Ben Dolnick in the New York Times:
When I was a teenager, newly fixated on becoming a writer, I came across a piece of advice from Kurt Vonnegut that affected me like an ice cube down the back of my shirt.
“Do not use semicolons,” he said. “They are transvestite hermaphrodites representing absolutely nothing. All they do is show you’ve been to college.”
At the time I was less struck by the cranky, casual bigotry of the statement (a great deal of Vonnegut’s advice sounds as if it was rasped between grandfatherly coughing fits) than by the thrilling starkness of the prohibition. A writer was simply not to use semicolons. Ever.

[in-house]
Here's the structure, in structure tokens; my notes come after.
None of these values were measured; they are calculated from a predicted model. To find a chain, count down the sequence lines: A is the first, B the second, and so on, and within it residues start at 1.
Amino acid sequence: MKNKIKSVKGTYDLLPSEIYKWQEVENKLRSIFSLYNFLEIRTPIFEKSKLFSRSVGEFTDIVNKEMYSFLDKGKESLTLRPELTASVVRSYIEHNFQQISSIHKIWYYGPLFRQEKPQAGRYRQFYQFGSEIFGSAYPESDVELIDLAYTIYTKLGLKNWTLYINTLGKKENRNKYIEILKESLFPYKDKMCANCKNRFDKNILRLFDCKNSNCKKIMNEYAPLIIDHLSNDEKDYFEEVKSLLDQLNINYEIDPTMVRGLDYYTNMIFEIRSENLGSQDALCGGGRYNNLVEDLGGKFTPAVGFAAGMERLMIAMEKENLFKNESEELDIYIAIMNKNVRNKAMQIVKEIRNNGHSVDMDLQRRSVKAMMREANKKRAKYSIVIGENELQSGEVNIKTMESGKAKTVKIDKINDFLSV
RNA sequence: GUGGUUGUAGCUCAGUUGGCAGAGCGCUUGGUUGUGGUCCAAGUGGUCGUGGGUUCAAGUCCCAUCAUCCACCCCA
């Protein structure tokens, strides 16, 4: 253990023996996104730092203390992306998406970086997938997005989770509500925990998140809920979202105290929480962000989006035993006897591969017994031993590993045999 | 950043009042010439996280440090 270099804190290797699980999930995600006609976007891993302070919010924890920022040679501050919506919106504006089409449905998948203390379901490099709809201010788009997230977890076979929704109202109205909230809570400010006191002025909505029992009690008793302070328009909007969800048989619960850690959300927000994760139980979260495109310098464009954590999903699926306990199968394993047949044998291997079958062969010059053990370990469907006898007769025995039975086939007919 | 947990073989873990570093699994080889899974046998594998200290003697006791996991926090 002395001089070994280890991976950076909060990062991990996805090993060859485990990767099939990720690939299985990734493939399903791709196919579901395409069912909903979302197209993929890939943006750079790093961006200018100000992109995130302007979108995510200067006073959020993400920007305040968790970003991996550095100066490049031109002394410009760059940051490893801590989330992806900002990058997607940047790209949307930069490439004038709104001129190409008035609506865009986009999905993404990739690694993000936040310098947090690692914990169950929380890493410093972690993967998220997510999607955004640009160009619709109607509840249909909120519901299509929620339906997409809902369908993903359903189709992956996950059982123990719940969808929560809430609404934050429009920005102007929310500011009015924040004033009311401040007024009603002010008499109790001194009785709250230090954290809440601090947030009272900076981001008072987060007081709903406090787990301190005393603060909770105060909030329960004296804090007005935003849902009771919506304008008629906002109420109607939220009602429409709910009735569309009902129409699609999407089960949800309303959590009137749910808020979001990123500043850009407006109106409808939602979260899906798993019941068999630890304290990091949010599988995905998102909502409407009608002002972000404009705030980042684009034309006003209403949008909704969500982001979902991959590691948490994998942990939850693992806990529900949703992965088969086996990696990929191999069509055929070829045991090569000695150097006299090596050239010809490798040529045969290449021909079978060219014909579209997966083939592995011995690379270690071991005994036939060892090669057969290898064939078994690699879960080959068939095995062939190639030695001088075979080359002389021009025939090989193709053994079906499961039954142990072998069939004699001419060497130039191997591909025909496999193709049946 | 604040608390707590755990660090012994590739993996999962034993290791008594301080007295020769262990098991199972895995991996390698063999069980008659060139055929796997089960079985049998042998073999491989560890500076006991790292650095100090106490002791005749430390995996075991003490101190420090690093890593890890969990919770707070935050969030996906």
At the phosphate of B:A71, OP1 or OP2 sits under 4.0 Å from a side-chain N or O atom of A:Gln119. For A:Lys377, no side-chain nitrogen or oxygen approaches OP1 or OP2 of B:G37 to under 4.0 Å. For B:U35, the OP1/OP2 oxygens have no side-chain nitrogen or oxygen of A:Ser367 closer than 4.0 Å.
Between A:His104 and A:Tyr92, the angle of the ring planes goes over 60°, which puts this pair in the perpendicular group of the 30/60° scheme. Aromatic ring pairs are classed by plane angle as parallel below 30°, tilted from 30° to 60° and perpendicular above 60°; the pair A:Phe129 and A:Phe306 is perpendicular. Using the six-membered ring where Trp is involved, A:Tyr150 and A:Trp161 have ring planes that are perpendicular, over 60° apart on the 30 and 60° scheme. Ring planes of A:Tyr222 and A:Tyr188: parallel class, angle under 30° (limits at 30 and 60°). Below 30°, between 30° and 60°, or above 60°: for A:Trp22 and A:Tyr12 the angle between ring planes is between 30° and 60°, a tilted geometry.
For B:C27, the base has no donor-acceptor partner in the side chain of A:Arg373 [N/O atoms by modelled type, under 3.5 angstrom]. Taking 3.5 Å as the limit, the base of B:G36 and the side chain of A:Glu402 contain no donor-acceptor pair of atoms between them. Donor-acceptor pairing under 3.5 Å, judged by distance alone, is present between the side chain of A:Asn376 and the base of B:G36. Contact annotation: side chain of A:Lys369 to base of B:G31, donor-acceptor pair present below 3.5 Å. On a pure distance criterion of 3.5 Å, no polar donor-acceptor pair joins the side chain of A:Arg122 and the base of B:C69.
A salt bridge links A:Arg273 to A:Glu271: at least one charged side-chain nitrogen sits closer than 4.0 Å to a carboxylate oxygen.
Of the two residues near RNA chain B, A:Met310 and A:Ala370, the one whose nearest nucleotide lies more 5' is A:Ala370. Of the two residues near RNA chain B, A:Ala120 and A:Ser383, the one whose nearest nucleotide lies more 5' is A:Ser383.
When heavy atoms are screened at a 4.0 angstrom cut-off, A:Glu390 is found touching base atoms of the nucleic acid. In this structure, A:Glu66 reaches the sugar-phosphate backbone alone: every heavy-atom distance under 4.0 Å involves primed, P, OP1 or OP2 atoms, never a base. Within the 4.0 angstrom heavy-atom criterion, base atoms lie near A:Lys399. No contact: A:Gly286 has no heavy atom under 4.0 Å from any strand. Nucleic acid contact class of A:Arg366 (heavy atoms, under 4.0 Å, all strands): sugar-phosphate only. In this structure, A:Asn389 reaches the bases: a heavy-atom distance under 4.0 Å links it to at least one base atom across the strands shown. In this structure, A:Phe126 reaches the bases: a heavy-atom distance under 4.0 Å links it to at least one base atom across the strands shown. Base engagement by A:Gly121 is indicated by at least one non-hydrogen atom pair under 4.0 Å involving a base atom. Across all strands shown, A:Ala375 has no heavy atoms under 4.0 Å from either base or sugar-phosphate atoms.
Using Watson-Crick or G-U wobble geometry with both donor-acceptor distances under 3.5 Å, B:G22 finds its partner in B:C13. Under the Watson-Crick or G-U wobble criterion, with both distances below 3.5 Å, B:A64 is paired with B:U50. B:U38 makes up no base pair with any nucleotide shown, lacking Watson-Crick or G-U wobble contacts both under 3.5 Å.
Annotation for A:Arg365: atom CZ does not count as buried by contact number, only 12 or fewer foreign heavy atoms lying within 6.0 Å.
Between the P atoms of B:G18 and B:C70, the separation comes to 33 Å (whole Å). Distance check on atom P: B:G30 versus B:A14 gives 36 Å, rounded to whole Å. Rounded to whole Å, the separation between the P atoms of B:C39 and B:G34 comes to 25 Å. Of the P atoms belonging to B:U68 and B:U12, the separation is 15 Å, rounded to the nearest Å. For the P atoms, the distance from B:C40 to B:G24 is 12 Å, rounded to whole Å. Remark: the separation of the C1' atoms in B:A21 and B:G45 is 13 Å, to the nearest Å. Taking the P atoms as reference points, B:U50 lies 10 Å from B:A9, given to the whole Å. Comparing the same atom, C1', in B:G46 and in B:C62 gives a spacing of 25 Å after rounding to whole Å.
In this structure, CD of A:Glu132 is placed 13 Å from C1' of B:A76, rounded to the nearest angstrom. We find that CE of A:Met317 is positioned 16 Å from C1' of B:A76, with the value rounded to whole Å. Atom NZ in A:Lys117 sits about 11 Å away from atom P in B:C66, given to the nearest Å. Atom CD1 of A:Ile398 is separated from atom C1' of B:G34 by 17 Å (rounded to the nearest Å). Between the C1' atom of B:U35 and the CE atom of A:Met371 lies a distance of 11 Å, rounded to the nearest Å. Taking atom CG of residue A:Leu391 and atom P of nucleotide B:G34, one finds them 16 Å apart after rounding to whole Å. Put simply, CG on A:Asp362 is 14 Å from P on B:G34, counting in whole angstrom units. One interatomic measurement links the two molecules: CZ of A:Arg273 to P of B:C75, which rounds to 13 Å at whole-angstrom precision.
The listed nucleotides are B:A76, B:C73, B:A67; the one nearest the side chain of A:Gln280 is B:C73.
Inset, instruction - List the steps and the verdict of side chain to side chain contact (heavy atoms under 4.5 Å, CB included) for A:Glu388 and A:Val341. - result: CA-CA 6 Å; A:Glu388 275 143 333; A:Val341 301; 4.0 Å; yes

At that point I’d written a number of not very good short stories over which I’d sprinkled semicolons (along with inapt adjectives and “symbolic” character names) like the wishful seasonings of an amateur cook. Now I would have, if it had been physically possible, scrubbed the accursed symbol from my keyboard and never thought about semicolons again, except to harrumph cruelly when I witnessed other, lesser writers succumbing to this particular form of misguidedness.
Advice from Vonnegut was not, to me, just any advice. To say that he was my literary hero doesn’t quite capture the intensity of the worship and obsession I heaped upon him.